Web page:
A forgotten recipe becomes new again: Romesco sauce

I started working a few hours a week with Ben and Mary Daire at their beautiful wine and gourmet food shop, Dare Bottleshop and Provisions in downtown Lenox. I have known Ben and Mary for many years from when Ben was an executive chef at Alta in Lenox and Mary was a sales representative for a regional wine, beer and liquor distributor while I worked at a store in wine and cheese. I used to tease Ben, 30 years younger than me, that he would do what I was doing when he reached the age I was when I left the restaurant business at 38. back then, as I had lived the grueling life of a restaurant executive chef with its high burnout rate. I had to smile when I heard that he and Mary opened this shop last November and that Ben left the restaurant business at a similar age to mine. Of course, I couldn’t pass up the opportunity to repeatedly remind Ben of my prediction.

As well as offering a wide range of interesting and carefully selected wines with a focus on independent winemakers who use organic and sustainable methods, they offer regionally sourced beers and ciders and eco-friendly supplies for your pantry. These supplies come from near and far and, as sometimes happens when glassware is shipped, they are damaged in transit. Recently, a crate of Matiz España, a company importing gourmet food products from Spain, was damaged en route. A few jars broke causing them to spill onto other jars in the crate. Mary and Ben graciously gave me a few of these undamaged jars, including a small jar of romesco sauce. It reminded me of that delicious savory sauce that I hadn’t made in about 15 years. It’s a recipe that slipped out of my consciousness as I got older, even though I try to reassure myself that I’m wiser while regularly forgetting the names of people and things.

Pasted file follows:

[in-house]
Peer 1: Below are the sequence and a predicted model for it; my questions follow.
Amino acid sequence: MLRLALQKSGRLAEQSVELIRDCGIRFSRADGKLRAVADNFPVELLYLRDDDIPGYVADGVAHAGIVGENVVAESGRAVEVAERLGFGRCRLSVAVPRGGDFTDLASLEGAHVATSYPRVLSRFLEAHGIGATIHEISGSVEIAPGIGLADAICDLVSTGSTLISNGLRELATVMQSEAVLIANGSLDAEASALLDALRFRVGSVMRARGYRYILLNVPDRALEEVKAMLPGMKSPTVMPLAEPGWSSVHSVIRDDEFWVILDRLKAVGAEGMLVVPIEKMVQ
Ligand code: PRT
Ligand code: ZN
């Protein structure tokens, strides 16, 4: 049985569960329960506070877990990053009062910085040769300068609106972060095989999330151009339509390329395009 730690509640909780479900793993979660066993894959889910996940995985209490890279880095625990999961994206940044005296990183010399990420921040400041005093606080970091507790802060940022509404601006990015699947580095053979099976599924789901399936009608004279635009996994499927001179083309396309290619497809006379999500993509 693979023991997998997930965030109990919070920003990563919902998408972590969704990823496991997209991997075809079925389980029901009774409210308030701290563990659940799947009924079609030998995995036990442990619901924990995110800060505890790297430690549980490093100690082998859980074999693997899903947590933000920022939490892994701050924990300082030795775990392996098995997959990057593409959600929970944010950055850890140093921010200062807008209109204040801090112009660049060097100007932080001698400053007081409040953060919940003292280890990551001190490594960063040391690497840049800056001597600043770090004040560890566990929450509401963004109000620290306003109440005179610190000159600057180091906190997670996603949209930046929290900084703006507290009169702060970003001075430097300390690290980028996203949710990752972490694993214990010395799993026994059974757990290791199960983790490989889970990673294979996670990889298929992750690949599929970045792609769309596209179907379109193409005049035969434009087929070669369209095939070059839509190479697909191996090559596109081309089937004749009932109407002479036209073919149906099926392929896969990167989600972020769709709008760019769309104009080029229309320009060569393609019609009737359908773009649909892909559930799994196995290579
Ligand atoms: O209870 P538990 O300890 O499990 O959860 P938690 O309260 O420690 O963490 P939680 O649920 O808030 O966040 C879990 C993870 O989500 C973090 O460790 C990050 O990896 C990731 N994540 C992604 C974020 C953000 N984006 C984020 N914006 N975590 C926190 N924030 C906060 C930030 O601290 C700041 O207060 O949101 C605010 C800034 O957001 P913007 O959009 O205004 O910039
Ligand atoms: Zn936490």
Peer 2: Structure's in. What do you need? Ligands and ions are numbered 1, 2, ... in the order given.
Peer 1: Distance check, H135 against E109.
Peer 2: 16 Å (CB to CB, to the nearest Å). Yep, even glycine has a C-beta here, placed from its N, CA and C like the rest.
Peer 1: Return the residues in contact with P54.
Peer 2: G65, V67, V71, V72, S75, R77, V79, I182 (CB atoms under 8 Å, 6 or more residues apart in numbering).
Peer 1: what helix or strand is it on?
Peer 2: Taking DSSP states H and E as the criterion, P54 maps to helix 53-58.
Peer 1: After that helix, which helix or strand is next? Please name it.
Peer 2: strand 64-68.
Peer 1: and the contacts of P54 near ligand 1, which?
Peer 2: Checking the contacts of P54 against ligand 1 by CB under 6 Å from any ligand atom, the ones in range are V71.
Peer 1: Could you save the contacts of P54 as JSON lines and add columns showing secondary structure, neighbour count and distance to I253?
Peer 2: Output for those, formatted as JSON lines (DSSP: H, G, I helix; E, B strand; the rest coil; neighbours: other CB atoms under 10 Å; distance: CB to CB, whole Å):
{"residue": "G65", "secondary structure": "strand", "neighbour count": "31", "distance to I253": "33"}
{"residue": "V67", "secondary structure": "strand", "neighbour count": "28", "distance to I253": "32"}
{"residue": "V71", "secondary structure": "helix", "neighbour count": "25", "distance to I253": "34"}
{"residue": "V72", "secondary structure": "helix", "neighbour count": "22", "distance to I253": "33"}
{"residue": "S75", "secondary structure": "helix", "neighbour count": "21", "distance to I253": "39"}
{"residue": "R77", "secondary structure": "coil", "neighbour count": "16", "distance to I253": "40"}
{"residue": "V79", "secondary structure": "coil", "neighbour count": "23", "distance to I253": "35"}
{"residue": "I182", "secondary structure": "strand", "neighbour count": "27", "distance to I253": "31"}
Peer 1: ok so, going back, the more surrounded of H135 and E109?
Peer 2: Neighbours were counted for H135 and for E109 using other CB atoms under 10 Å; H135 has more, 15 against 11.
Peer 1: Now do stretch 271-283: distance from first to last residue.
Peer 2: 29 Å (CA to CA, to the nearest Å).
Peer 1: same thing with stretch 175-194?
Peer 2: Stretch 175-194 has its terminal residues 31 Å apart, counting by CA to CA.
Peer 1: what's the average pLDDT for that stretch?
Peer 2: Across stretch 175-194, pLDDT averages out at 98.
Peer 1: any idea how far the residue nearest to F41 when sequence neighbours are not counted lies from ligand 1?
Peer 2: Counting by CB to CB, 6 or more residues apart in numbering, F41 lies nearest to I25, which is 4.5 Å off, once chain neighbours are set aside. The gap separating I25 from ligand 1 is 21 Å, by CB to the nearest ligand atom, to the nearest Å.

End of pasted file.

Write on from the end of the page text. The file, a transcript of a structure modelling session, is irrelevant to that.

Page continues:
The origin of romesco sauce dates back to at least the 18th century when fishermen began using the condiment to liven up meals prepared from their catch while fishing off the coast of Catalonia in the northeast. from Spain. Specifically, its origins date back to the Catalan port city of Tarragona south of Barcelona. The etymology of romesco originates from the Mozarabs, Spanish Christians who lived under Muslim rule and adopted much of the Arabic language and culture. They concentrated in the Iberian Peninsula where, after many political disputes, they declared themselves a nationality and the autonomous community of Catalonia was recently born in Spain.

Romesco sauce has as many variations as there are families in Catalonia, but its base is usually a puree of roasted tomatoes and charred or dried and rehydrated red peppers that are thickened with almonds and/or hazelnuts and bread. grilled then emulsified with olive oil. It is a rich, jammy, slightly smoky, and subtly spicy condiment that works wonderfully with almost any savory food beyond seafood, including but not limited to roasted or grilled vegetables. It is so popular in Catalonia that it is said that preparing roasted or grilled vegetables is just an excuse to eat romesco.